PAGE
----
From New Haven Biz
By Michelle Tuccitto Sullo
Filling job vacancies could be challenging and competitive for your business, given the current state of the market.
There are twice as many job openings in Connecticut as there are people looking for jobs, according to David Lehman, commissioner of the state Department of Economic and Community Development.
Lehman was the featured speaker Tuesday night at the Greater New Haven Chamber of Commerce’s annual Regional Real Estate & Construction Forecast, held at The Woodwinds in Branford.
There are approximately 100,000 job openings compared to 50,000 job-seekers in Connecticut, according to Lehman.
“That type of tight labor market hasn’t been seen in quite some time, if ever,” Lehman said. “It is crucial that we see folks reenter the labor force in Connecticut.”
Before the COVID-19 pandemic, the state had a labor force participation rate of about 67%, he said, noting that it has dropped to 63.5%.
“We want to make sure folks feel comfortable in getting back to the work environment,” Lehman said.
The state has experienced growth in new businesses. According to Lehman, there are currently about 1,100 new businesses starting each month in Connecticut, compared to a pre-pandemic rate of about 700 to 800.
“We are tracking this to see if it is long-term,” Lehman said. “We haven’t seen this level of business formation since 2006.”
According to Lehman, New Haven is “one of the most dynamic economies” in the state, particularly in terms of life sciences and medicine.
The event also featured several panelists who spoke about upcoming real estate and construction projects.
Ginny Kozlowski, CEO of REX Development, gave a list of key projects on the horizon, such as the new bioscience tower under construction at 101 College St. in New Haven and Yale New Haven Health’s plans for a new neuroscience center.
Also in the healthcare space, Kozlowski noted that the Connecticut Proton Therapy Center is planned for Northrop Road in Wallingford to treat patients with cancer. The new Elm City Bioscience Center will help meet demand for laboratory space too, she said.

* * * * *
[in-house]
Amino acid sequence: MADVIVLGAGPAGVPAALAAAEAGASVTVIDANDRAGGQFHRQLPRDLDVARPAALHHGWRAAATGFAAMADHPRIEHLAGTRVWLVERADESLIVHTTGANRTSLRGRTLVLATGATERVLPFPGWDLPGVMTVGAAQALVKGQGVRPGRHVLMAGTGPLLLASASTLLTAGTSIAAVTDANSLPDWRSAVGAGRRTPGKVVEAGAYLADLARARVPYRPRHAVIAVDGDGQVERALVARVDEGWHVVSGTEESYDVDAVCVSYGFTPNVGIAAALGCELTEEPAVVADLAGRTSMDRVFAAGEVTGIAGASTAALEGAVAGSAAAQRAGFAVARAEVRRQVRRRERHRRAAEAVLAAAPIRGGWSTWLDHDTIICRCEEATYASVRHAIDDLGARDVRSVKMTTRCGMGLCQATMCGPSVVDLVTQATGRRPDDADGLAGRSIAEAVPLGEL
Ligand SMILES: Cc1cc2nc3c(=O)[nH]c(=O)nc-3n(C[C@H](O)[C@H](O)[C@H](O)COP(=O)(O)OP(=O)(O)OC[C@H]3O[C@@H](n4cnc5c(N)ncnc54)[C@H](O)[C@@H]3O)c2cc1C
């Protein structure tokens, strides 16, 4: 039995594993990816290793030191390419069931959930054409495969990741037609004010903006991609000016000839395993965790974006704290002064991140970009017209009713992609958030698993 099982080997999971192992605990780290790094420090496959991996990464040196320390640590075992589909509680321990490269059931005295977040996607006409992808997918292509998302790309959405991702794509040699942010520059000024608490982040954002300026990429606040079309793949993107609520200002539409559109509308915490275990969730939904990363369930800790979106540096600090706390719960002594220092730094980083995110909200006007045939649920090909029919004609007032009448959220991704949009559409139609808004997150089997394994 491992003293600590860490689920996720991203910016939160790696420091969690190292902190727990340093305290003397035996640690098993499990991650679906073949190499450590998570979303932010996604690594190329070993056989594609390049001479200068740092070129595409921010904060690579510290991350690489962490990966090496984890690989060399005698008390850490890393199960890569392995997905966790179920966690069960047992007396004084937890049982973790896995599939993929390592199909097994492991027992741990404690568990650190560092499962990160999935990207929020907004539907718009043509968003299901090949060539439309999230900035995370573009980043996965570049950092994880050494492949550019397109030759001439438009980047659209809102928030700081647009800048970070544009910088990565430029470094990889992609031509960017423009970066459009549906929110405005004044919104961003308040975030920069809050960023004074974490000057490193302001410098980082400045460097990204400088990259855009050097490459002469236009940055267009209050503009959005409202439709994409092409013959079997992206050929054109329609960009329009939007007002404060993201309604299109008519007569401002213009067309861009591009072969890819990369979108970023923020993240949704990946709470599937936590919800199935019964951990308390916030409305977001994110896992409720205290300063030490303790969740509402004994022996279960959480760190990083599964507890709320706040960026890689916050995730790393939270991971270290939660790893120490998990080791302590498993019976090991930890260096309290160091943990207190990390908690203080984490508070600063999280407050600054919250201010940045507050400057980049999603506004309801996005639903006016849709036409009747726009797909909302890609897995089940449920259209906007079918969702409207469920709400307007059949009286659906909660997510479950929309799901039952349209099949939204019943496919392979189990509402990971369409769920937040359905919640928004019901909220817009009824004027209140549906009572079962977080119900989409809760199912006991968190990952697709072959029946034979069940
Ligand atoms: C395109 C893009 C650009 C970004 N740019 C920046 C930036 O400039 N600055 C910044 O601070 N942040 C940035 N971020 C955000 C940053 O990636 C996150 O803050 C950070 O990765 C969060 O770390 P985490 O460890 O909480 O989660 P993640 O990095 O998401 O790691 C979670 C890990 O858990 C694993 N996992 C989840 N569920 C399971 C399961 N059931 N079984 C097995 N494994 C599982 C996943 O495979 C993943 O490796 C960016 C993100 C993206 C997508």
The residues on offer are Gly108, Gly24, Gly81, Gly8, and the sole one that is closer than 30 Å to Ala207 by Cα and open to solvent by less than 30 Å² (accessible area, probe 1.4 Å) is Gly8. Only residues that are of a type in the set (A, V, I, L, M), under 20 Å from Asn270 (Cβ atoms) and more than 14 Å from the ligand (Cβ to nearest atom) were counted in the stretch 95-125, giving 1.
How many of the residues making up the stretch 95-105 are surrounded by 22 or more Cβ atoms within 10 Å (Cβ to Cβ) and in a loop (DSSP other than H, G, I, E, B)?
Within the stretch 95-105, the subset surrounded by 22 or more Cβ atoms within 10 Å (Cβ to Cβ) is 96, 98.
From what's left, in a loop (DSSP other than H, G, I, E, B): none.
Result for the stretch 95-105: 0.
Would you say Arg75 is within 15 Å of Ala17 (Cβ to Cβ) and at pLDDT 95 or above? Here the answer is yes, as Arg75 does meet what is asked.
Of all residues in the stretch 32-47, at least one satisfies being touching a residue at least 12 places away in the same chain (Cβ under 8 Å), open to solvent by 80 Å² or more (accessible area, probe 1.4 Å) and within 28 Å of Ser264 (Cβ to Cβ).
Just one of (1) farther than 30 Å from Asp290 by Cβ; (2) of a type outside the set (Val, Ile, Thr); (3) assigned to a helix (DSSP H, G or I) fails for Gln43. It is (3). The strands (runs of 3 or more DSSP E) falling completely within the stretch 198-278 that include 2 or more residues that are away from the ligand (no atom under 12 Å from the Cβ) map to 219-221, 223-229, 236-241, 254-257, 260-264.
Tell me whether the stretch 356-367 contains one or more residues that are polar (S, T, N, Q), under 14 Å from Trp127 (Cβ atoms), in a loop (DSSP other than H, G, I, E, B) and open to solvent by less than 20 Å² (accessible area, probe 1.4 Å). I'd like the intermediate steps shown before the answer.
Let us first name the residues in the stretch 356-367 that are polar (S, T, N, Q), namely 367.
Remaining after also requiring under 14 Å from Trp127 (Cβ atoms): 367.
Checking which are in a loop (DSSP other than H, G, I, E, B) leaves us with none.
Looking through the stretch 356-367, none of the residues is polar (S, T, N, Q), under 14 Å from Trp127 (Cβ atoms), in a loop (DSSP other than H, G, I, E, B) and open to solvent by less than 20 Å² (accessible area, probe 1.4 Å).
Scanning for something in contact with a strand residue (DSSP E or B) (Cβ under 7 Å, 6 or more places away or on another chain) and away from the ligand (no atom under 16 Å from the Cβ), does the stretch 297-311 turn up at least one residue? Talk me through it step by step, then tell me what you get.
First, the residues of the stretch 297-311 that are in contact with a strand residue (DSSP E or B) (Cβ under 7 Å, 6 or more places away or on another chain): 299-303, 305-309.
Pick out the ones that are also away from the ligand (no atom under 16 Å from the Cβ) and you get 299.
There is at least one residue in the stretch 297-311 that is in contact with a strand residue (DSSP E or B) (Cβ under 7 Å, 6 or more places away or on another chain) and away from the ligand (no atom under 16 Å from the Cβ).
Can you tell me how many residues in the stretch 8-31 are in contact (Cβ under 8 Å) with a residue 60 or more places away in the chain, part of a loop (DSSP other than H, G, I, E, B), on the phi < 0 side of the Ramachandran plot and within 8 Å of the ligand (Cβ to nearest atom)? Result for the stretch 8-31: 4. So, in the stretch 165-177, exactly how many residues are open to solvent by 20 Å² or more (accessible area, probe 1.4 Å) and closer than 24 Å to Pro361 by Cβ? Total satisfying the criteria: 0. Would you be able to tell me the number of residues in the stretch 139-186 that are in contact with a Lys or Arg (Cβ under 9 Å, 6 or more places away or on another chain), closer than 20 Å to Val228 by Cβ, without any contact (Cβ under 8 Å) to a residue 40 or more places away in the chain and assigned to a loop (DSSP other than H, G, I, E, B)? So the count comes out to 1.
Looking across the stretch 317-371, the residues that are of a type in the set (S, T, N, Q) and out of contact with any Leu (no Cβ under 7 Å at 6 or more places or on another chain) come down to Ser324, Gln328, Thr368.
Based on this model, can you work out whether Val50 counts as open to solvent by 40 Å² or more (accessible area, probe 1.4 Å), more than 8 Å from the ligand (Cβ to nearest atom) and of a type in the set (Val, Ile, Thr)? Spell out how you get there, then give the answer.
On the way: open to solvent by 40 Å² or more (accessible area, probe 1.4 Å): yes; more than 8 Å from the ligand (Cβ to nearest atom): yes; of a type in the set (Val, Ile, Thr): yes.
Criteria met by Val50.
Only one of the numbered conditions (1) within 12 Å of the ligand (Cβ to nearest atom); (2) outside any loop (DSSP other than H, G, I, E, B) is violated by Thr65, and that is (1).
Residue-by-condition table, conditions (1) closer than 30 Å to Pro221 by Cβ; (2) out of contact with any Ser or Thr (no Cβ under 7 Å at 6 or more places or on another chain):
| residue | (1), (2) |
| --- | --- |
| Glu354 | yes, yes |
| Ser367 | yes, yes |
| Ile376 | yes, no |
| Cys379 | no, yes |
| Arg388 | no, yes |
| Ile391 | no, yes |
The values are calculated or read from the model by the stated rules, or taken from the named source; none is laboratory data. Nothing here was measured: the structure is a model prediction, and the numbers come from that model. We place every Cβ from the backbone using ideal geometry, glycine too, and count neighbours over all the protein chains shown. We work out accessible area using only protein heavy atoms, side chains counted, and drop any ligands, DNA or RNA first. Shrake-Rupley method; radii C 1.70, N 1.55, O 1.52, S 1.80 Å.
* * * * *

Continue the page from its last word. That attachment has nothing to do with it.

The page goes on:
Kozlowski noted how universities in the region have real estate projects underway. Quinnipiac University has a $244 million construction project for three new buildings at its Mount Carmel Campus, and Southern Connecticut State University is constructing a new School of Business building.
Jaigantic Studios CEO Donovan DeBoer, another panelist at the event, said the company is focused on building an entire entertainment industry here.
Jaigantic plans to build a studio complex on River Street in New Haven’s Fair Haven neighborhood. According to the company’s website, it aims to break ground this year.
DeBoer told the crowd that the company, which has an incubator space in Shelton, has been focused on acquiring property in Fair Haven, where it plans to build stages and support facilities.
“We have a big plan to have over 20 acres of space, 20-something sound stages, and to create jobs for thousands of people,” DeBoer said.
The plan is to recruit from underserved communities and provide training.
“That is really our mandate with this,” DeBoer said. “It has been incredible to really start to identify the talent pool that is in this state. New Haven is an incredible place, with great writers and actors.”
DeBoer noted there is “insatiable thirst,” for entertainment content, with viewers wanting streaming and on-demand services.
The plan is to remain here for the long term, he said.
The company is headed by Bridgeport native and action star Michael Jai White.
“Our founder’s heart is here, and his dream is to give back to the community that raised him,” DeBoer said.
According to Jaigantic’s website, more than 32 scripted films and television shows will be filmed at the studios and on location in Connecticut.
Contact Michelle Tuccitto Sullo at email@example.com.